• by micheas (231635)

      I would argue that a smart phone is actually more of a Personal Computer than the workstation on my desk, which I use mostly for work.

      I would guess that over 80% of my personal stuff is done on my phone.

      My ipad is mostly for reading at night because the kindle does not have "paper white" display that you can read after the lights are out.

    • Do tablets really count as a "PC"? If that's the case we might as well start considering smart phones PCs, since a modern tablet is basically just a scaled up smart phone.

      Does the Windows 8 tablet count as a PC? If it does, then why not other tablets.

    • by guttentag (313541)

      Do tablets really count as a "PC"?

      No, not all. Some tablets are only personal on the Surface. Under that veneer they're rather impersonal. Isn't that right, Siri?

      Let me think. Here's what I found: Input Interpretation: "Last[{}] Microsoft"

      Apparently she has a sense of humor. I think she just invented an emoticon depicting the Surface as a two-faced (multi-faceted) schizo in a box.

      It is funny because the Surface gets dead.

      OK, no more Pixar movies for you.

    • Steve Jobs said in 2010 that we were entering the "post-PC" era. To him and Apple, tablets are a different device than PCs and that many consumers are starting to supplement their computing with tablets. Tablets do not replace PCs in all situations but are better suited in certain ones like couch surfing.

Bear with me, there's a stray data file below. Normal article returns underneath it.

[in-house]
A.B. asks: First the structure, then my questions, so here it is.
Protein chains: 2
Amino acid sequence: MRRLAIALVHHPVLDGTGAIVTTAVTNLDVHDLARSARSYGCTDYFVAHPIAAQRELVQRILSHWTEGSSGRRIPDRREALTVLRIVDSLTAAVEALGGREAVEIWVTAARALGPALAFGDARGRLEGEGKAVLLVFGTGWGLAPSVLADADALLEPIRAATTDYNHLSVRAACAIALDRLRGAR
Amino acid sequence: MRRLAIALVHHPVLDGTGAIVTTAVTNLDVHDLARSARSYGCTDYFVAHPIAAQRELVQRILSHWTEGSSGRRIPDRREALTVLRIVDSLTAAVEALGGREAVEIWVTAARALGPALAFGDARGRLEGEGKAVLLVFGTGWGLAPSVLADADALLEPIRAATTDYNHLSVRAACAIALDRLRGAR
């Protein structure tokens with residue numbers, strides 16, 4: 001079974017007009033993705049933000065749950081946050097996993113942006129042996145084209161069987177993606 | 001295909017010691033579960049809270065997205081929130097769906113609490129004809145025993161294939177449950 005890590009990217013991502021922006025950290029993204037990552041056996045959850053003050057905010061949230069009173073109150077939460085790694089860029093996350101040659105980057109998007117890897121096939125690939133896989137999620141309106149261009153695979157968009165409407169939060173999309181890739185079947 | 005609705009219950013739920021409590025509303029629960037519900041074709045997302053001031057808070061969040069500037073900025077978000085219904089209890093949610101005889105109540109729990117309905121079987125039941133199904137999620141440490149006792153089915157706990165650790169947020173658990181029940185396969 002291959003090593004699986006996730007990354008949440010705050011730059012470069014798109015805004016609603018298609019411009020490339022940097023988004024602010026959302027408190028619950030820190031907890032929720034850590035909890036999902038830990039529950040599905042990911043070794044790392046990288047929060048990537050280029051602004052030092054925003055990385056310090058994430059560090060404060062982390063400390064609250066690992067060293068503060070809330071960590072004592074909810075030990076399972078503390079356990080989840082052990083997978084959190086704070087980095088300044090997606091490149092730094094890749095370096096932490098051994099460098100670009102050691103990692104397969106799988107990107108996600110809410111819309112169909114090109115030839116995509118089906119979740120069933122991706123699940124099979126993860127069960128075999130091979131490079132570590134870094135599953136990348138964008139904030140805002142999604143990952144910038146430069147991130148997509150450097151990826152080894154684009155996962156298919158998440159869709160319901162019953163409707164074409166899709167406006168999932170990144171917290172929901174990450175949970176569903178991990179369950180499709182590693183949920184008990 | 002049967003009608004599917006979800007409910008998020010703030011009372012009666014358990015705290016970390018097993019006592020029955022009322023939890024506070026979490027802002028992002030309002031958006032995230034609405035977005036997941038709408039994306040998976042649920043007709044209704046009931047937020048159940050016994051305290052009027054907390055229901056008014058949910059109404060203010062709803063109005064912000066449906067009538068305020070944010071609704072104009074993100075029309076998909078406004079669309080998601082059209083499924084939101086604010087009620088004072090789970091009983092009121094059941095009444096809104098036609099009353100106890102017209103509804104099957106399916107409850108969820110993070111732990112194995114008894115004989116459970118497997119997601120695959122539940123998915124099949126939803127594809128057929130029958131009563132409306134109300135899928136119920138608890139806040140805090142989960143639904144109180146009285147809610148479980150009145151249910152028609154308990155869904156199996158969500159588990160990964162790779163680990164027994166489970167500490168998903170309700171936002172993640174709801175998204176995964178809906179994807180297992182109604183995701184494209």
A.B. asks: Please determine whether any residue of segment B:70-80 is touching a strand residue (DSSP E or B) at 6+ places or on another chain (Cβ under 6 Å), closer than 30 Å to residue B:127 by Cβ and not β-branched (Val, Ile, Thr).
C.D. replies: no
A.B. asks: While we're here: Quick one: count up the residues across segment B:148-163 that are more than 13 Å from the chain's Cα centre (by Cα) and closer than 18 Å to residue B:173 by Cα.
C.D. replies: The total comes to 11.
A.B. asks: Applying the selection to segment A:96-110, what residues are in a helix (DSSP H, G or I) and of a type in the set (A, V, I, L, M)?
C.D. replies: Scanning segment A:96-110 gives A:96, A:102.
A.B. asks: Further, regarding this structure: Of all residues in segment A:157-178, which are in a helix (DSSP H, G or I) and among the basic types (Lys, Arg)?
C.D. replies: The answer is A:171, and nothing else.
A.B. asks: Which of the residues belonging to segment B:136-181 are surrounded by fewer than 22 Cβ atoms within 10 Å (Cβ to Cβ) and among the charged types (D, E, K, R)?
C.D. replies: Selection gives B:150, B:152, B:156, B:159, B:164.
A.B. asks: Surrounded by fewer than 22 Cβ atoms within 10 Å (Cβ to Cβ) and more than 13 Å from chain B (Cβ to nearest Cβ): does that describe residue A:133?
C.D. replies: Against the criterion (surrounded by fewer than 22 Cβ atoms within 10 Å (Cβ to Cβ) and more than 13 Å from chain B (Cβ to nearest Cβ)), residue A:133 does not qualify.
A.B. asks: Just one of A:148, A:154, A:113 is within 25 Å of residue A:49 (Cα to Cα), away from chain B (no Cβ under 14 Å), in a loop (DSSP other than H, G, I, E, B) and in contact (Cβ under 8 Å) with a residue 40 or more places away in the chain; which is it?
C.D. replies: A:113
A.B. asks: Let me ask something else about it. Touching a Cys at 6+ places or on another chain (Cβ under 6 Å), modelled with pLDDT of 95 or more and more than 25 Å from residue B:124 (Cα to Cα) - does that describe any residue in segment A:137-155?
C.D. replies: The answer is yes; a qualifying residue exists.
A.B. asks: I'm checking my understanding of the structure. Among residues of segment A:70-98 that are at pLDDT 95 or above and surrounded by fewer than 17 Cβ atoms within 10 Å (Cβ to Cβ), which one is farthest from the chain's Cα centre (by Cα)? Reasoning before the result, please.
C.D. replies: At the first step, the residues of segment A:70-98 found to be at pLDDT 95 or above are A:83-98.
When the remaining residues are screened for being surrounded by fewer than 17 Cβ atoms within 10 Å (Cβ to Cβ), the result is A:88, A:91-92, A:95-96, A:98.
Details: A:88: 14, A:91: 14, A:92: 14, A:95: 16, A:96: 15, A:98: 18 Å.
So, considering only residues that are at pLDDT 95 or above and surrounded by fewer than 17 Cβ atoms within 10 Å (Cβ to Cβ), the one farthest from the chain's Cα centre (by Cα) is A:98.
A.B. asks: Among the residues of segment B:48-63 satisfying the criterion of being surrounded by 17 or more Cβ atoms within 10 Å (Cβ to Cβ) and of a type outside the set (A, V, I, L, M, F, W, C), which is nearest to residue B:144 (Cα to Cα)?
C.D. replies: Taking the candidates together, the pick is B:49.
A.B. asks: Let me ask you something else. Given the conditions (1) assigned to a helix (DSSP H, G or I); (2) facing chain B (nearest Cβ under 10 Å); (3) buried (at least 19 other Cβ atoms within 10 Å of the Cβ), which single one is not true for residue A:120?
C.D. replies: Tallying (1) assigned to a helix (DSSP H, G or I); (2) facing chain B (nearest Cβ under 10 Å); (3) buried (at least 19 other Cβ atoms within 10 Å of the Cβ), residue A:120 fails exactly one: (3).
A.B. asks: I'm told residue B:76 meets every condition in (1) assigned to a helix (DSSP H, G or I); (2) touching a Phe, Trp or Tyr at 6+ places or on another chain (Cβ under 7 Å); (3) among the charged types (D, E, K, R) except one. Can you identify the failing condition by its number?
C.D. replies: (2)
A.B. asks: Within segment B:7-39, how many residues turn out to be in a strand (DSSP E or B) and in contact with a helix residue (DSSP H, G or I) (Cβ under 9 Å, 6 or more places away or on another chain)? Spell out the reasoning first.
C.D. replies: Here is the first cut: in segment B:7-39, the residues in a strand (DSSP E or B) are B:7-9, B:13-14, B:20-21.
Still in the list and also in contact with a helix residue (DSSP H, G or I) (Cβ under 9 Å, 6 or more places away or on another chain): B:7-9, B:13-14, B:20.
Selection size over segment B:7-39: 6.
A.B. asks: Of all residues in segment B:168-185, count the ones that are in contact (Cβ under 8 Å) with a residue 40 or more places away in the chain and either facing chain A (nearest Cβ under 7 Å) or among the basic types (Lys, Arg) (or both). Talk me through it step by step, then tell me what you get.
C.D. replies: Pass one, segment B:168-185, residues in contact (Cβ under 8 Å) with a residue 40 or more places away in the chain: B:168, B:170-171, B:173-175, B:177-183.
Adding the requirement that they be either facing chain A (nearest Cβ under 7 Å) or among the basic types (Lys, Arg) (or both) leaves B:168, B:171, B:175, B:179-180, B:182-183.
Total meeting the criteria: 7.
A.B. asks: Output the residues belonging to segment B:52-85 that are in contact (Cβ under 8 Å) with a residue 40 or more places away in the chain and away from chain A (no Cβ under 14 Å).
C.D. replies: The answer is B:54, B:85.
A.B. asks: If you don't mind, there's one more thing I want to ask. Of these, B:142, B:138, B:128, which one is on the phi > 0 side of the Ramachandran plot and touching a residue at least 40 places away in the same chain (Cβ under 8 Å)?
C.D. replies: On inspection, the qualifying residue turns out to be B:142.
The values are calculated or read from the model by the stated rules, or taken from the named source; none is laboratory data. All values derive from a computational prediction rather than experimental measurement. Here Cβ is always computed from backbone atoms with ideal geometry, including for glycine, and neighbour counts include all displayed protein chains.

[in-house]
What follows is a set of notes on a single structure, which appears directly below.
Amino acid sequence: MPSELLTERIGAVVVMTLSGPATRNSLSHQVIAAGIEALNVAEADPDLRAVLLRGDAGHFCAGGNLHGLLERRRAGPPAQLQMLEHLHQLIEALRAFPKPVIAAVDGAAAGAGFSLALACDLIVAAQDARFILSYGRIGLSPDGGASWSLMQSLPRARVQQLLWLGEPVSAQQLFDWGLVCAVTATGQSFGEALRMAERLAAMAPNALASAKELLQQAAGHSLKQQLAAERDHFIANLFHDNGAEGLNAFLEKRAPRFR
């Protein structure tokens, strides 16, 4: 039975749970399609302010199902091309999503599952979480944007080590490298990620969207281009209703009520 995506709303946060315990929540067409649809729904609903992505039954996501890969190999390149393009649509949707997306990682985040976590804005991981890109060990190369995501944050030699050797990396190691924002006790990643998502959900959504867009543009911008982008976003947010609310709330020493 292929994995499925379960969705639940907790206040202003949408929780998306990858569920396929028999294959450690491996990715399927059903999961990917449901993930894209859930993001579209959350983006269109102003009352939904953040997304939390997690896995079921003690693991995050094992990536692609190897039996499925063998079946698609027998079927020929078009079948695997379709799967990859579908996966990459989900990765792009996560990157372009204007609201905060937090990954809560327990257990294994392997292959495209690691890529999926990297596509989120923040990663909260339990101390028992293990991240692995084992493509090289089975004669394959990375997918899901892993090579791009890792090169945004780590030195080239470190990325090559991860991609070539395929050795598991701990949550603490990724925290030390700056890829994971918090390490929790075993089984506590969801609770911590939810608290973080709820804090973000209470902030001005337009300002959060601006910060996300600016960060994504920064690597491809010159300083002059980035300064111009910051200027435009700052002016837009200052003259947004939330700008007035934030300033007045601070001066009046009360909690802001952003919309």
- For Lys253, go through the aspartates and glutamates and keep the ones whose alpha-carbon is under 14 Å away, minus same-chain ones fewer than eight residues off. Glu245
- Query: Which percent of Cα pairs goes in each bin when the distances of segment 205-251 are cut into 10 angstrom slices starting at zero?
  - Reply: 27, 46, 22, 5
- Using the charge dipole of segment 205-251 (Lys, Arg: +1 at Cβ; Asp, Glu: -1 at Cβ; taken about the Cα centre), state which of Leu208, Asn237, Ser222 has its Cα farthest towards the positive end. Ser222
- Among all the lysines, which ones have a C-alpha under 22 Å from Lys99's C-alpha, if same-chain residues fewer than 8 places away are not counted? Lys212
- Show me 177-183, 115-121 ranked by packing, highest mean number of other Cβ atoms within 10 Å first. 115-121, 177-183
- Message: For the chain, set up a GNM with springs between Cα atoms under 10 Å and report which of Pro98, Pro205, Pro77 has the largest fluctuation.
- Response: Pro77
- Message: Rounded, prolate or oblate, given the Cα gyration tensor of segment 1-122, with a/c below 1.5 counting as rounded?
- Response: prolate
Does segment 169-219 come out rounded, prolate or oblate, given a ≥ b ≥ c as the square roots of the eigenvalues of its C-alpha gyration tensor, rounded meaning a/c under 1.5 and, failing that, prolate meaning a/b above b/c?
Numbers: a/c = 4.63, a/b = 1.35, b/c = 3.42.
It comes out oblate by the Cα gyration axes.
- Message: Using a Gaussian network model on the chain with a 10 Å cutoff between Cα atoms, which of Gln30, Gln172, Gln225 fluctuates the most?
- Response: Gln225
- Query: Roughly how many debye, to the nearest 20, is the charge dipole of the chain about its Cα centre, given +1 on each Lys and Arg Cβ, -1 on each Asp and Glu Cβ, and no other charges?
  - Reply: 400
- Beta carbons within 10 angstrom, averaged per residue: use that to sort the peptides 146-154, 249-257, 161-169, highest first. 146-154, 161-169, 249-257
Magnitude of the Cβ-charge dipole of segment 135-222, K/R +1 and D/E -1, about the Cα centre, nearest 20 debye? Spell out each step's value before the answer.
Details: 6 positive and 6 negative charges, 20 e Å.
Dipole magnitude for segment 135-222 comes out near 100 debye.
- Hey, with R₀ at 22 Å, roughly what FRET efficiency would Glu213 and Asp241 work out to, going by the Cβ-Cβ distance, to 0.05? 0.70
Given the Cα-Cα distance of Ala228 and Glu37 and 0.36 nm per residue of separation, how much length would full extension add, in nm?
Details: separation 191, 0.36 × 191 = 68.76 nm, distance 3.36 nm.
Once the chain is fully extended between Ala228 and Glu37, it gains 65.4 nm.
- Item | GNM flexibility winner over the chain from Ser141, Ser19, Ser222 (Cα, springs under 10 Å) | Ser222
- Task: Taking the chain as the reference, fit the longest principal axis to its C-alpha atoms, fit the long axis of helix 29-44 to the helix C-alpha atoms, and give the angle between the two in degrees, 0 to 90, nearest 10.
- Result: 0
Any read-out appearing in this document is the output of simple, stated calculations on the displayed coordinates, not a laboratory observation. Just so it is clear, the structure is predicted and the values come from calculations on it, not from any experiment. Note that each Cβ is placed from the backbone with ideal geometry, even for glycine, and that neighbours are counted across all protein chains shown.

Ballmer in D8 said the opposite and that tablets were a "different form factor of PC." So Ballmer himself agrees with Gartner. Of course Ballmer is known for putting his foot in his mouth.

    • by Patch86 (1465427)

      It's all semantic nonsense, really, as TFTitle alluded to. If you take PC to mean "IBM-compatible computer", as it meant at one time in the past, then obviously iPads would be out, as would old PPC Macs, whereas Surface Pros would be in (but not Surface RTs). If you take PC to be synonymous with the old term "microcomputer", then arguably tablets ARE PCs- nobody ever said a microcomputer had to have a keyboard.

      It would be tempting to say stop using the term "PC" at all- we should instead talk about top lapt